Before the war there were only 15 non-Arabic foreign schools in the country. Demand for a Western education has increased more than three-fold since liberation. According to educationalists, there is a marked preference among Kuwaitis for a Western education for several reasons. They include the perceived inadequacy of state education, the importance of an English language education as a preparation for further education overseas and life in general, and the advanced curricula of the non-Arabic foreign schools in Kuwait. Despite comparatively high fees, schools that teach American and British curricula are booming.

All foreign schools in Kuwait must be accredited to the private Education Department (PED) of the ME. The PED supervises the schools by over-seeing staff qualification and school facilities, and ensures compliance by regular inspections. The ME also regulates school fees. Private schools for non-Arabic children follow their home country curricula, such as American, British, French, German, Indian, Pakistani, etc, though all schools are also obliged to incorporate local cultural and language studies into their curricula. Standards achieved compare favorably with those in the pupils’ home countries.

education kuwait

Academic Year

The academic year runs from late August or early September to mid-June. Expatriate schools usually have three days off in October, breaks twice a year of a fortnight each, and official holidays. The school week is Saturday through Wednesday. The school day usually begins at 7:45 am and finished at 2 p.m., though these timings vary a bit between schools.

Higher Education

The Ministry of Higher Education (MHE) regulates education beyond schools level. The country has one university and several technical schools. As regards degree courses, Kuwait University practices restricted entry policy for expatriates. Twenty places are reserved for students whose parents work at KU. A further 50 places are available to students who obtain scholarships through the MHE. The governments have announced plans to allow the private sector to establish new universities, which would be open to all.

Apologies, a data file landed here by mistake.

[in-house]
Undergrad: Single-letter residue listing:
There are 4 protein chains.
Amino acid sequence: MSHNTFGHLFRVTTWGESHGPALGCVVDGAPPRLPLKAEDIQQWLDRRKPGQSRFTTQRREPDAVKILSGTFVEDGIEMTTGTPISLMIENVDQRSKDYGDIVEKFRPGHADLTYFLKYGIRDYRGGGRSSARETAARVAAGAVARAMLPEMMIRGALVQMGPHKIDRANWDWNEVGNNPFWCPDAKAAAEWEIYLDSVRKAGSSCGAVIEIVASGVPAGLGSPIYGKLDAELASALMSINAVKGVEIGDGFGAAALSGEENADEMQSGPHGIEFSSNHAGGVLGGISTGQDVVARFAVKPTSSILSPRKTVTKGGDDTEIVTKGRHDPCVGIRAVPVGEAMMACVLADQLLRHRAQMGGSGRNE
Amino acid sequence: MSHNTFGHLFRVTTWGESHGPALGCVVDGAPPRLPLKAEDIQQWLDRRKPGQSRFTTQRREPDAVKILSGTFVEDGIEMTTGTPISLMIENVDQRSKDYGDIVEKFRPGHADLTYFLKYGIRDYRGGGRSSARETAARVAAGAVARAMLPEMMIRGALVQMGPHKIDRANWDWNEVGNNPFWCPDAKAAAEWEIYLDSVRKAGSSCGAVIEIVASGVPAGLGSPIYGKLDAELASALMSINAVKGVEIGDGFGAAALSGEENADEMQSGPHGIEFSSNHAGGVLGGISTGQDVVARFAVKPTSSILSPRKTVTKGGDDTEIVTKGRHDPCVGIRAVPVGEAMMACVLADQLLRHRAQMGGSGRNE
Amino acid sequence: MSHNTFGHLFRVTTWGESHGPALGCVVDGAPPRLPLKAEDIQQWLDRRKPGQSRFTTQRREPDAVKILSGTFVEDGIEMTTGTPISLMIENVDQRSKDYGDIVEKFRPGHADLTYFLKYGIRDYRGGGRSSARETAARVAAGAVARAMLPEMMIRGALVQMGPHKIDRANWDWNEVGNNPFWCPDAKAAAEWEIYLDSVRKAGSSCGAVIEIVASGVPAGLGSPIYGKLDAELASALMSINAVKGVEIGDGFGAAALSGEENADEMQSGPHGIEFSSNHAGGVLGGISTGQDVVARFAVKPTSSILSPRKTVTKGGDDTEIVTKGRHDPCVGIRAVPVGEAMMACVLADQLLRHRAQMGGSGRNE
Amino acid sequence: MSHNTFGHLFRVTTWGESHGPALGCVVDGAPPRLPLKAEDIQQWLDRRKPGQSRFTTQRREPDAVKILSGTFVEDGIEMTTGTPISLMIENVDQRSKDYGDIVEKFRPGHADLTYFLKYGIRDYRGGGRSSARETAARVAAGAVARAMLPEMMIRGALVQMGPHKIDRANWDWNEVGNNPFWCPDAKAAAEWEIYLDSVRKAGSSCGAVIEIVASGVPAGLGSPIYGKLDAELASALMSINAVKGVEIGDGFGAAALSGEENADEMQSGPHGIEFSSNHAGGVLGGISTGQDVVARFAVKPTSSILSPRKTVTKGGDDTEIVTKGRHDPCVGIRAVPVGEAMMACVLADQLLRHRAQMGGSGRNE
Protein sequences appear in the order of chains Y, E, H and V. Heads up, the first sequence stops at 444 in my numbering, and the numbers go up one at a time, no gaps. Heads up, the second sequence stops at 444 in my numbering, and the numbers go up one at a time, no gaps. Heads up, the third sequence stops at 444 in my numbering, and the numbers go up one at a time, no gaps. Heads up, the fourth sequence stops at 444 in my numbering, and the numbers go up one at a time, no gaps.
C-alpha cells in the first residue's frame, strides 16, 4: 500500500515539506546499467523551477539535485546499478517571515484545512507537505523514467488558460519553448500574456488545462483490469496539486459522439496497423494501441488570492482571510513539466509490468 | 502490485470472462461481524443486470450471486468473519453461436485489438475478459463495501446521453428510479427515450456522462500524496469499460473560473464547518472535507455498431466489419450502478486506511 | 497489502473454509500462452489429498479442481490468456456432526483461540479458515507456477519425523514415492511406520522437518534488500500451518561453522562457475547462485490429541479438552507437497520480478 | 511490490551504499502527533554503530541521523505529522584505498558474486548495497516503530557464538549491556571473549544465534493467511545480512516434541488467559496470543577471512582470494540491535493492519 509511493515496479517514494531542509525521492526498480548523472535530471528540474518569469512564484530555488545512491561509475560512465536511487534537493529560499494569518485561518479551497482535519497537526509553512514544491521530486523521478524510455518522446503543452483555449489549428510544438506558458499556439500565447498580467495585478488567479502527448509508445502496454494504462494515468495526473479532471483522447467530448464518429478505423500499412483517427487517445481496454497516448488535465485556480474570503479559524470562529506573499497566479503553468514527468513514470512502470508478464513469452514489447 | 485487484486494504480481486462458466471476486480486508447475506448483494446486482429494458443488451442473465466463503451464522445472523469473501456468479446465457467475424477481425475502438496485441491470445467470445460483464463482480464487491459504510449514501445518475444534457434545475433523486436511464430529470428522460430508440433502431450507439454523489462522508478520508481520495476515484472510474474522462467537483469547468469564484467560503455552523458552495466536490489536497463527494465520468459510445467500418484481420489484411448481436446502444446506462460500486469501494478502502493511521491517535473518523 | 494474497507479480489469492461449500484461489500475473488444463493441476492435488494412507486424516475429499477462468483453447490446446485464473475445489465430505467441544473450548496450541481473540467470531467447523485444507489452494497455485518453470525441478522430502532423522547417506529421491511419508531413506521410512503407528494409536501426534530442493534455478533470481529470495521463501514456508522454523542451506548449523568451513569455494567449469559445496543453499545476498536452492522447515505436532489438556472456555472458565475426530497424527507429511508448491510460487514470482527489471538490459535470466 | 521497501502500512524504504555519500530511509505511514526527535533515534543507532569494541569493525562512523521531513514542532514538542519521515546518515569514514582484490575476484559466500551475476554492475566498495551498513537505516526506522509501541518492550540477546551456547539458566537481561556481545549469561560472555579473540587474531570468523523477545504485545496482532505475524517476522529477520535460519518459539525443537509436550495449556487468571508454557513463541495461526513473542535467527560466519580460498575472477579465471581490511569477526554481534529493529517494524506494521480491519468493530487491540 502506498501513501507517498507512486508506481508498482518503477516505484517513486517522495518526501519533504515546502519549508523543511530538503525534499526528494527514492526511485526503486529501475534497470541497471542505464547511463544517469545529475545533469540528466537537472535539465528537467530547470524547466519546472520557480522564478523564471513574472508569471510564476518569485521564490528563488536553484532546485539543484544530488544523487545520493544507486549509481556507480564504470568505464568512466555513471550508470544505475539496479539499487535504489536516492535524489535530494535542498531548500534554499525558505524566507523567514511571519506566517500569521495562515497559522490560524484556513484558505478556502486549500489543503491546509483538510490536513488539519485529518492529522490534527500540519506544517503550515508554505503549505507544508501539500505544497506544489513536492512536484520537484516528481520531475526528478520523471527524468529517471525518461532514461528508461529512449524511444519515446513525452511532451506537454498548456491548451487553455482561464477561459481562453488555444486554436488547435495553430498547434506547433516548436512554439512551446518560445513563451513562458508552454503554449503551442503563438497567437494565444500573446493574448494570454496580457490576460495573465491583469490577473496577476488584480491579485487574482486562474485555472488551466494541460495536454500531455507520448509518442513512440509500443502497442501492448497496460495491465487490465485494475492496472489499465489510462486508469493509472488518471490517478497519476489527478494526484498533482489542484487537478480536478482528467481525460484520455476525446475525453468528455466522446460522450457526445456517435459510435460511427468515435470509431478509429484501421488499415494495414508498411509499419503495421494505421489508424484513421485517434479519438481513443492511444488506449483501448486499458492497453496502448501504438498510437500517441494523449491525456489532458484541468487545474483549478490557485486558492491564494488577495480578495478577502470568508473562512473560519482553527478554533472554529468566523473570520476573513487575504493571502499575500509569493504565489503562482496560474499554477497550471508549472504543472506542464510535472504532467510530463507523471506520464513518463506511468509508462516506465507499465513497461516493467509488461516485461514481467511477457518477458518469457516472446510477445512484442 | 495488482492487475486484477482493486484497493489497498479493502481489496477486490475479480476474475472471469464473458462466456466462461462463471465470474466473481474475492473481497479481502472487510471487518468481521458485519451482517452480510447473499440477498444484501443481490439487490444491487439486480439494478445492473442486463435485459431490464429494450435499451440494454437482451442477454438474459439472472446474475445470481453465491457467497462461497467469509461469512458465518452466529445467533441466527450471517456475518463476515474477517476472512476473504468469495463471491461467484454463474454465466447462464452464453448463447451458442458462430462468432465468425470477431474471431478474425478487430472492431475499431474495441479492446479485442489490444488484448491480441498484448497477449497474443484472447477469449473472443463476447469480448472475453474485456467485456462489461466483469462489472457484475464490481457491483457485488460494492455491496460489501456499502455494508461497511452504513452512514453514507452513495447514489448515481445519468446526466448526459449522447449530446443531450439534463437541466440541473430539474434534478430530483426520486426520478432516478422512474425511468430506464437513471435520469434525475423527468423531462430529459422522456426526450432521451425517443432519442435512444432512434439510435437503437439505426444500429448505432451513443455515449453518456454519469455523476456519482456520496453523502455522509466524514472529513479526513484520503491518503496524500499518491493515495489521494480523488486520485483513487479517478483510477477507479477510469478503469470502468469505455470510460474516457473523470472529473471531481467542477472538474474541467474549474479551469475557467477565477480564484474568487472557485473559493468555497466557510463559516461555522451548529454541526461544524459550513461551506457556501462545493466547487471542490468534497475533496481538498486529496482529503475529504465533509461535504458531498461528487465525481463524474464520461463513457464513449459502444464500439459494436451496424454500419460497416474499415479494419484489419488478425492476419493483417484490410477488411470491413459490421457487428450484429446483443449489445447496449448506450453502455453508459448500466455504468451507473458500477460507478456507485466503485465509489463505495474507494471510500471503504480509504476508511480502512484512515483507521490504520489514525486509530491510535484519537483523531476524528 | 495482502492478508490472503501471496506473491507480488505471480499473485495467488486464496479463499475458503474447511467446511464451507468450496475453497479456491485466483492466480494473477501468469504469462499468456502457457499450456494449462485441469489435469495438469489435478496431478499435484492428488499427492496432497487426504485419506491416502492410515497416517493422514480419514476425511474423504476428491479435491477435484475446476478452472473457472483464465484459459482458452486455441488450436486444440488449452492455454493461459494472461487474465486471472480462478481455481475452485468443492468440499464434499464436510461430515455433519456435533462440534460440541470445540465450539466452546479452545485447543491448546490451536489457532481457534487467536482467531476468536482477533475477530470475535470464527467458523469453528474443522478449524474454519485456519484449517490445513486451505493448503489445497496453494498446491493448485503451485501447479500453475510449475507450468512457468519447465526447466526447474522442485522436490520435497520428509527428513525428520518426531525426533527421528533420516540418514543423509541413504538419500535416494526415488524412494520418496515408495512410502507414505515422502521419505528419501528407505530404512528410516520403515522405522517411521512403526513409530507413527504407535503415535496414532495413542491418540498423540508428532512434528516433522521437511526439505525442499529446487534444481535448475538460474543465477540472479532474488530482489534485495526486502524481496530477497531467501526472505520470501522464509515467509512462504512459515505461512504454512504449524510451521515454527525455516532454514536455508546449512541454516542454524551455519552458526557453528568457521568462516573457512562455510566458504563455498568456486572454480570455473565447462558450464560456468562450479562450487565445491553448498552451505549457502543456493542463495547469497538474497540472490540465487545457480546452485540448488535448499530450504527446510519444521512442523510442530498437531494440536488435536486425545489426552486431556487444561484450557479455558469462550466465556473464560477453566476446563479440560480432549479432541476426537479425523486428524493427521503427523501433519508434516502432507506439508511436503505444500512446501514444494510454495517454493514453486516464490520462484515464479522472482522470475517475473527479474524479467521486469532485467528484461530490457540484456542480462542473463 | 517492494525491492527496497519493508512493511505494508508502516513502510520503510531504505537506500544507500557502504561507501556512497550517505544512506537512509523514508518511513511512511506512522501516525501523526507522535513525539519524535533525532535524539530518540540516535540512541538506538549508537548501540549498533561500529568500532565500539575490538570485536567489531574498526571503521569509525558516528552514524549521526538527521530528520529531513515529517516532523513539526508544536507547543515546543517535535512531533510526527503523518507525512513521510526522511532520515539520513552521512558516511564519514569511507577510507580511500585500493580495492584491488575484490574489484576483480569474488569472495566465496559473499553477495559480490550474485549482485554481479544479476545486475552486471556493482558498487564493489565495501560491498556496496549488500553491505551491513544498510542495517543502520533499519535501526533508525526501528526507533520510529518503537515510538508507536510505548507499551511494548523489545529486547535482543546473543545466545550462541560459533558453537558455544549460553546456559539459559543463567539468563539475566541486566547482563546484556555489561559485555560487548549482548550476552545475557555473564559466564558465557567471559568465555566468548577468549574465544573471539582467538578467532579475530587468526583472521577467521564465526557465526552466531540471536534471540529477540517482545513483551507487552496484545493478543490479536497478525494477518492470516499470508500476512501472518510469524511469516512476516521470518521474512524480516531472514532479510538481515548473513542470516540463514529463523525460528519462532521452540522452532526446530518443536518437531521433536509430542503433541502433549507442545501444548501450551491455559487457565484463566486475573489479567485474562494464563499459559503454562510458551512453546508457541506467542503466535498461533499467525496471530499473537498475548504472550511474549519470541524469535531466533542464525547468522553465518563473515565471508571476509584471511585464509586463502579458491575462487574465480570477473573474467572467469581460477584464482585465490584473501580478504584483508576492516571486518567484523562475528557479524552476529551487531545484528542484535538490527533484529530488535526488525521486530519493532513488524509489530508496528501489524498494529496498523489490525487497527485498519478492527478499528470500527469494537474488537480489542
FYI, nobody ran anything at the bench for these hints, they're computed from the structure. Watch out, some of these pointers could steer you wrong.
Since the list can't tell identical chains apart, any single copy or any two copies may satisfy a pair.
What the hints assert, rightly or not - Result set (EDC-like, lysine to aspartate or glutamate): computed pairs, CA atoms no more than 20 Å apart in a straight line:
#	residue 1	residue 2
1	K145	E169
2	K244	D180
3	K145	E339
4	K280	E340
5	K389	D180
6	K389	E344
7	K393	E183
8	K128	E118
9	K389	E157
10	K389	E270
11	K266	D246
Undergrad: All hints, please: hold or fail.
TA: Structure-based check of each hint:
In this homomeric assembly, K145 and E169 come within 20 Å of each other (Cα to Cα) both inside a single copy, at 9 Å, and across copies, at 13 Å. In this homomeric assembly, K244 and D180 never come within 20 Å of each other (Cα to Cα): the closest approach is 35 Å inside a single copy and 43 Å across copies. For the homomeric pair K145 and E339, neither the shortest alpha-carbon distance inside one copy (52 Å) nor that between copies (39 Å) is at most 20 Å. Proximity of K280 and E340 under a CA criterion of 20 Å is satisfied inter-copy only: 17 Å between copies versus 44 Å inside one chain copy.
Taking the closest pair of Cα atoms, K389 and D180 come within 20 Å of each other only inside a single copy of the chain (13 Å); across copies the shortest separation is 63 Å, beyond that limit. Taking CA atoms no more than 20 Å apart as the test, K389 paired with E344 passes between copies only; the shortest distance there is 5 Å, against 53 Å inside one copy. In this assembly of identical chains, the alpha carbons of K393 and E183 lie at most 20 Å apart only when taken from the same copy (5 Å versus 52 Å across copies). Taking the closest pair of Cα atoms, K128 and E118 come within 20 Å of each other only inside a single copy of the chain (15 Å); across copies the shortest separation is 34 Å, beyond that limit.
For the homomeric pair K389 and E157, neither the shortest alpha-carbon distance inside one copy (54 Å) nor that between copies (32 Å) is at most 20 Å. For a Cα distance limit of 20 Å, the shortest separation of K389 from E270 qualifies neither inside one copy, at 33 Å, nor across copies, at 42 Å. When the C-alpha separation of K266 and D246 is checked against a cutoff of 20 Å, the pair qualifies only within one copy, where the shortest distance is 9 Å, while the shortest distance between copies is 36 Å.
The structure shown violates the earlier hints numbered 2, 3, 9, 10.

Adult & Vocational Schooling

KU’s Center Community Service and Continuing Education (CCSCE) offers non-degree courses for students over 16 years in various subjects such as language (Including Arabic as foreign Language) arts, administration, education, engineering, computers, law, secretarial studies, etc, which are open to expatriates. These courses are administered from building 3KH, Khaldiyah campus. Fees are fairly nominal.

State-funded adult education and vocational training is provided by the public Authority for Applied Education and Training (PAAET), which is also the central authority charged with carrying out the governments vocational education policies, PAAET has several full-time colleges as well as field and industrial training centers, where students may learn technical and professional subjects including teaching, commercial studies, nursing, and mechanical and electrical trades, Some courses are open to expatriates.There are several privet institutions in the country offering a variety of full and part-time courses in business studies, secretarial skills, computing and languages.